The hidden risks of oil and gas digitisation
Rising costs of exploration and production, along with increased competitive intensity and regulatory pressures, have been steadily driving the oil and gas industry towards digitisation. As the use of smart sensors and Industrial Internet of Things (IIOT) technologies becomes widespread, new system susceptibilities can expose organisations to levels of risk they may not be prepared for.
While the transition to the digital oilfield is inevitable, cyber breaches don’t have to be. Awareness of a few key vulnerabilities can save oil and gas companies from major brand damage and profit loss, without sacrificing the significant benefits that come from digital adoption.
The foundation of the digital oilfield lies in how devices communicate. In contrast to closed protocols, which effectively build walls around programs, open protocols are designed with cross-device interaction in mind. Applications built on top of open protocols make use of the protocol’s common language to talk to each other and exchange data.
The flipside to the major benefits afforded by open protocols are the security risks. The same networks that allow devices to integrate so effectively with each other and with back-office systems can be an undefended backdoor to vital company information.
Other angles of attack
In addition to potential weak spots in inter-system exchanges, there are a host of other areas that parties with malicious intent could potentially exploit.
As more employees work remotely for convenience or safety, opportunities open for data to be compromised through negligence or infiltration. It’s likely easier to hack an individual employee’s computer and gain access to corporate material remotely than to directly attack a company’s more heavily-guarded servers.
Poorly-made or outdated IT products can be another weak link that leads to a breach. Organisations that use software with known weaknesses as a cost-cutting measure do so at the risk of creating a vulnerability that could eventually undermine their entire control system.
Motives for unauthorised information access can be tactical, such as corporate espionage; financial, such as ransomware or payment system intrusion; or plain destructive, in the case of a disgruntled employee or at worst, a skilled hacker with terrorist motivations.
Companies should be aware of all these possibilities and prepare for the worst.
Risks becoming reality
In the 2017-2018 edition of the Global Information Security Survey, analysts at Ernst & Young surveyed 40 participants from the oil and gas sector about their security concerns. The results indicated that 60 per cent had experienced a “recent significant cyber security incident,” up from 41 per cent in 2016.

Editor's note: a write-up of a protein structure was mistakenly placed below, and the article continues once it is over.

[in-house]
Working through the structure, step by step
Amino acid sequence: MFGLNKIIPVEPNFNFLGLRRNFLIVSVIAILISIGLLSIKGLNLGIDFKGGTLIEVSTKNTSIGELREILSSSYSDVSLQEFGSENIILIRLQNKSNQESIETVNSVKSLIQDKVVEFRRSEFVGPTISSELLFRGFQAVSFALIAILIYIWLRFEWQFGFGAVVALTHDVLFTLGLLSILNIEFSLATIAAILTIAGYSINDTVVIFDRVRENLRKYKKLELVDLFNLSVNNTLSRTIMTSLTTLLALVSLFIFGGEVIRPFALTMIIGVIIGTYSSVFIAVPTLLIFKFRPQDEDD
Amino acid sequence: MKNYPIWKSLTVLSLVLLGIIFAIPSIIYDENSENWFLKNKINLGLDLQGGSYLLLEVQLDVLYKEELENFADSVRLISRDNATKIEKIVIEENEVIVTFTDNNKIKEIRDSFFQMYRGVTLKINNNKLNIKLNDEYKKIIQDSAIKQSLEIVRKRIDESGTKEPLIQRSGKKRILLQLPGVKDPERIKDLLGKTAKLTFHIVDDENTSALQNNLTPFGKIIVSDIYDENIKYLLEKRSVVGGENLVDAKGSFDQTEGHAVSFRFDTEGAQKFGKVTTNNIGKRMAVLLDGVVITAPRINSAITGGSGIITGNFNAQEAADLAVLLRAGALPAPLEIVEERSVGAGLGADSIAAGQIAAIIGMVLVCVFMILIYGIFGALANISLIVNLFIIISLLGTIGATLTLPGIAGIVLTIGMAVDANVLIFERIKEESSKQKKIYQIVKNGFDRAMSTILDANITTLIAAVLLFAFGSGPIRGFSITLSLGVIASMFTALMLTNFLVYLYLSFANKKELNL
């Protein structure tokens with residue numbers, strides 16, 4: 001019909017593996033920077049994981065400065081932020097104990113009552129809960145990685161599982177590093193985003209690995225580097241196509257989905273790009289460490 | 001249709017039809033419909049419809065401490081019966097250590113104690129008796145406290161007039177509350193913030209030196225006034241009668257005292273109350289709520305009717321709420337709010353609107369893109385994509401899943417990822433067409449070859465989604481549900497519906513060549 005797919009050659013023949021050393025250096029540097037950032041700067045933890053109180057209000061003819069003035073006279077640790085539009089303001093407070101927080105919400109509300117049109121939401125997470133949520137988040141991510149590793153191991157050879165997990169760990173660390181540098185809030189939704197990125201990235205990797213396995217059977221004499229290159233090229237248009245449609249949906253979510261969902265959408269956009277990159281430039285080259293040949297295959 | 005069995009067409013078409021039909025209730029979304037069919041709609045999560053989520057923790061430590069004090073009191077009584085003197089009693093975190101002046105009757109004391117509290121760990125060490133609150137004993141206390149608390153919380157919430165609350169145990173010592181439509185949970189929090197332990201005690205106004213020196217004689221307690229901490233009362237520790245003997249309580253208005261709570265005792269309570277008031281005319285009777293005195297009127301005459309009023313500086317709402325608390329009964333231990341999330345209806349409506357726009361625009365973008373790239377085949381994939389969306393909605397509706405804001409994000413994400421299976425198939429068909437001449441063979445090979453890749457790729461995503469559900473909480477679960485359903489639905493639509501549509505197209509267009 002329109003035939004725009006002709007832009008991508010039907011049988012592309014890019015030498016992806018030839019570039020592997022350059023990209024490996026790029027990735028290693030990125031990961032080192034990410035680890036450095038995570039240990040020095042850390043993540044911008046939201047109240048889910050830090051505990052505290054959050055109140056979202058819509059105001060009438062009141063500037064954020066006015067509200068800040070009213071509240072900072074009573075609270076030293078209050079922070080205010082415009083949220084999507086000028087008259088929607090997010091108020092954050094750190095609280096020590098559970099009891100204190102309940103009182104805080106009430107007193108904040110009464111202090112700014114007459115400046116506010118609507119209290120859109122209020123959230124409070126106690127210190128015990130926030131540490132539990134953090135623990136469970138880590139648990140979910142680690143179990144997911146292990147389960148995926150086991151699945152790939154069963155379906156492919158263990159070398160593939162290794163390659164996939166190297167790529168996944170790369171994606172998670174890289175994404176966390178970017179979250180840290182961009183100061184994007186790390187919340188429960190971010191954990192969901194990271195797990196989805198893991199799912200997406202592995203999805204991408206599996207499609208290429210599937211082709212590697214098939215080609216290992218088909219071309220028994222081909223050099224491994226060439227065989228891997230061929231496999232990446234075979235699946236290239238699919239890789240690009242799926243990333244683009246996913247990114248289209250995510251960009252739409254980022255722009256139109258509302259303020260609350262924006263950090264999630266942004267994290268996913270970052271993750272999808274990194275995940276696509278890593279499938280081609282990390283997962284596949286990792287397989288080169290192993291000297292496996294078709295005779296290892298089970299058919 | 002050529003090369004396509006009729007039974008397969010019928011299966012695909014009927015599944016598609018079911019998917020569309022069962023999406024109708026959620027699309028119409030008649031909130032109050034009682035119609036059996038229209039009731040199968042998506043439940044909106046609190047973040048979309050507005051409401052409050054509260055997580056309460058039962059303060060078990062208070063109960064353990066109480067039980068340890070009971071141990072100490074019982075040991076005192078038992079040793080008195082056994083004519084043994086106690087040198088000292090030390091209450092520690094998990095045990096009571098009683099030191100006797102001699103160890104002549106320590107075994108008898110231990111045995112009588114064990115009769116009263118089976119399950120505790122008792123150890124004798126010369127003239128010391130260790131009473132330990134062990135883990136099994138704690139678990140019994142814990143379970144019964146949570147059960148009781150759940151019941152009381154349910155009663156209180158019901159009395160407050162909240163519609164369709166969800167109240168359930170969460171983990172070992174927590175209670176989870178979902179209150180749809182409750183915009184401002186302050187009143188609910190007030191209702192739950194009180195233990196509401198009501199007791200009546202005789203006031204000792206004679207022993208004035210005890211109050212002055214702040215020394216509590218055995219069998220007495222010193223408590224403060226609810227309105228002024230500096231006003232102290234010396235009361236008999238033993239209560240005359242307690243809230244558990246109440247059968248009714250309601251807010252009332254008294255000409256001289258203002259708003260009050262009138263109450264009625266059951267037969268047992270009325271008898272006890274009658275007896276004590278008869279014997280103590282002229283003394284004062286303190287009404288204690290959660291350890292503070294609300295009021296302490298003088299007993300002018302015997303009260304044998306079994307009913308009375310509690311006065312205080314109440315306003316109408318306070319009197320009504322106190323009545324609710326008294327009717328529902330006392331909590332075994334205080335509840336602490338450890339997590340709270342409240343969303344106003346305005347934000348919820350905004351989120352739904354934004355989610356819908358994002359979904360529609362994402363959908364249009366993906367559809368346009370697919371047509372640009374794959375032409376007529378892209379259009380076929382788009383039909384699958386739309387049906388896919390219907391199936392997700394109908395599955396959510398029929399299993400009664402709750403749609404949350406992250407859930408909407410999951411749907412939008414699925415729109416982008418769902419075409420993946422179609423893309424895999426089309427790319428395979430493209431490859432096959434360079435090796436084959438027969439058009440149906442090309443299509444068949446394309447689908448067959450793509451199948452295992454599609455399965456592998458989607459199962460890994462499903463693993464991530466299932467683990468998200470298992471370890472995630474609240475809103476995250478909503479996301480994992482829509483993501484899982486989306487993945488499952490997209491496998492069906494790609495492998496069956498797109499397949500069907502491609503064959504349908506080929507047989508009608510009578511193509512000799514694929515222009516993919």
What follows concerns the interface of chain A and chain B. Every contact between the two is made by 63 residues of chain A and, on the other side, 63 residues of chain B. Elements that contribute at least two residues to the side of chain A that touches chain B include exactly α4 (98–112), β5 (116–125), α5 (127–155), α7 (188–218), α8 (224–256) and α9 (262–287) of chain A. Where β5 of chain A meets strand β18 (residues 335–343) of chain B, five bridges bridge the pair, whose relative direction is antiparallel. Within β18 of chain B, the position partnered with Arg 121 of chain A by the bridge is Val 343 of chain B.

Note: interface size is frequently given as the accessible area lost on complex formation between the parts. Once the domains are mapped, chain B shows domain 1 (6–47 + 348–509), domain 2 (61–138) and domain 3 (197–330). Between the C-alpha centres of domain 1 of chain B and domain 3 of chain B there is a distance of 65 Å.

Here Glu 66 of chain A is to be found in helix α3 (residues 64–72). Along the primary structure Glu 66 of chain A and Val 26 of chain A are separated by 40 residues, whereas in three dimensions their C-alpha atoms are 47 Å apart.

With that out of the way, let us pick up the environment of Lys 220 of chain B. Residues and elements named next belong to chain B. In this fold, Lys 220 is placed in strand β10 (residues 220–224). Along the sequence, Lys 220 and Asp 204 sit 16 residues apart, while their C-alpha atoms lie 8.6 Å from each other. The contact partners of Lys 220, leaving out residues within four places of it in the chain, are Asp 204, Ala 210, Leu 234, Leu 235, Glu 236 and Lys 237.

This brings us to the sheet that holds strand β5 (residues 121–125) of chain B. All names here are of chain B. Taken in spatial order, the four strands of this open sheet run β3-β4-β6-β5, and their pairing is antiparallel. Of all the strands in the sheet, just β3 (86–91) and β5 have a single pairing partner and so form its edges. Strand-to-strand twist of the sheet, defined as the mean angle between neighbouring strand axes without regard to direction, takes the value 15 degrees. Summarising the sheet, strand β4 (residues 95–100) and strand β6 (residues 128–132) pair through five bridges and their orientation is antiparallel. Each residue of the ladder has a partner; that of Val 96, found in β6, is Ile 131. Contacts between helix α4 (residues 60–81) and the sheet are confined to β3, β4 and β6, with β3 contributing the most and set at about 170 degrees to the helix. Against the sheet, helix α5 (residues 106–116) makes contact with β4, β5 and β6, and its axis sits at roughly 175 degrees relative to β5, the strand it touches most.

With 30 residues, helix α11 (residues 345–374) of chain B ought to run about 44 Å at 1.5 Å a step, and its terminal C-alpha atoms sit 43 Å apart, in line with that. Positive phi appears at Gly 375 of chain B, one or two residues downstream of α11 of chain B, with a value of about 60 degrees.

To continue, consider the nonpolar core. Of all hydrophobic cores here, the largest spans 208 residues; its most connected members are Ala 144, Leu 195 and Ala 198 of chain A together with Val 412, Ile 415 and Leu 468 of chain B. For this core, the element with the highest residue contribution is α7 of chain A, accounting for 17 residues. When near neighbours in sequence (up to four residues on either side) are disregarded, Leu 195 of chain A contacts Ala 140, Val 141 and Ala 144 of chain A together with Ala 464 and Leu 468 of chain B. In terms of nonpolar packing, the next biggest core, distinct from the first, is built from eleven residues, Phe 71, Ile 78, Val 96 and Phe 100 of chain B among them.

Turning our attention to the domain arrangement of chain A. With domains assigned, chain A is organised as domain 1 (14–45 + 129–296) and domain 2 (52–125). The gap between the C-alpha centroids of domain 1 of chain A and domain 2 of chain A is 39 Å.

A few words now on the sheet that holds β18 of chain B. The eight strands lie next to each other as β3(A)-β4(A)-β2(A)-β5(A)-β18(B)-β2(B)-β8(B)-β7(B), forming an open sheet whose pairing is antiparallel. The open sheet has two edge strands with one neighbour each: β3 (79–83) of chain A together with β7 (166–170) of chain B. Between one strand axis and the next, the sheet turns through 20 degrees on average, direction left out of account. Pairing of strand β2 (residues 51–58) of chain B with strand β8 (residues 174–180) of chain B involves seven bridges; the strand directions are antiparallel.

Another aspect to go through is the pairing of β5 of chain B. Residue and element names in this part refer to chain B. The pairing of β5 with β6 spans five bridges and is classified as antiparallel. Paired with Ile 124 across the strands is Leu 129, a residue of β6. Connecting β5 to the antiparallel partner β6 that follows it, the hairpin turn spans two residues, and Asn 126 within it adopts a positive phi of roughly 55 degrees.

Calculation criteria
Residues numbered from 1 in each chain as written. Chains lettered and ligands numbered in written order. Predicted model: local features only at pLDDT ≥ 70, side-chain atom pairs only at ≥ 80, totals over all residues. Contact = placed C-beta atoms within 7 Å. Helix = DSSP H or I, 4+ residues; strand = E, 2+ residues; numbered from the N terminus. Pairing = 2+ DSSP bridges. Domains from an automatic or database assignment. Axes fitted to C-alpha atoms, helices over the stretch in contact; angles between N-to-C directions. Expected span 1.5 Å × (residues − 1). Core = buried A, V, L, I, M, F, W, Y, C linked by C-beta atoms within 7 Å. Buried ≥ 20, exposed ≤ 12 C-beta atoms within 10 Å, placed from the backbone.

Despite the ubiquity of cyber incidents in the industry, a mere 17 per cent of respondents reported feeling assured that their organisation would be able to detect a sophisticated cyber attack. Meanwhile, worries about their overall cyber defenses not meeting company needs was near-unanimous at 95 per cent of those surveyed.
“Our latest Oil and Gas Global Information Security Survey findings indicate that cyber-physical risks are not currently being effectively identified, tracked or monitored across the sector, leaving organisations increasingly exposed,” Jeff Williams, Global Oil and Gas Advisory Leader, Ernst & Young, said.
These findings are echoed by Accenture’s 2016 global report on cyber security, where 186 oil and gas executives reported an average of 96 cyber attacks per company over 12 months. Of these attacks, one-third resulted in a breach, which internal security teams detected only 62 per cent of the time — the remaining 38 per cent were discovered most often by employees in other departments or by law enforcement officials.
The ultimate cause for many breaches comes down to a lack of preparedness. Cyber security threats evolve constantly — oil and gas companies have to evolve with them.
Wade Elofson has worked intimately with Australian oil and gas companies through years of turmoil and growth in the industry. As the founder of Powered, a business development company with close ties to the upstream sector, he’s witnessed digital adoption accelerate while cyber security remains stagnant.
“New innovations in IIOT and operational technology are fantastic, but it’s critical to understand the new threats they bring,” Mr Elofson said.
“The oil and gas industry’s use of these technologies is expanding far faster than the security upgrades that should go along with them, and unfortunately, it’s still common to see organisations waiting for an accident to happen before making changes.
“That kind of reactive strategy isn’t going to cut it when the stakes are this big.”
Mr Elofson recommends instilling a cyber security culture through improved training and an emphasis on the potential severity of cyber attacks. In addition, layered security can compartmentalise data enough to prevent one breach from compromising the whole system, while still preserving open communication between facilities and systems.
At the very least, Mr Elofson said it pays to invest in quality security software and infrastructure.
“Older systems are no match for the abundance of threats that have emerged in recent years, or new ones on the horizon.”
For more information, please contact firstname.lastname@example.org or call Wade Elofson on +61 474 128 517.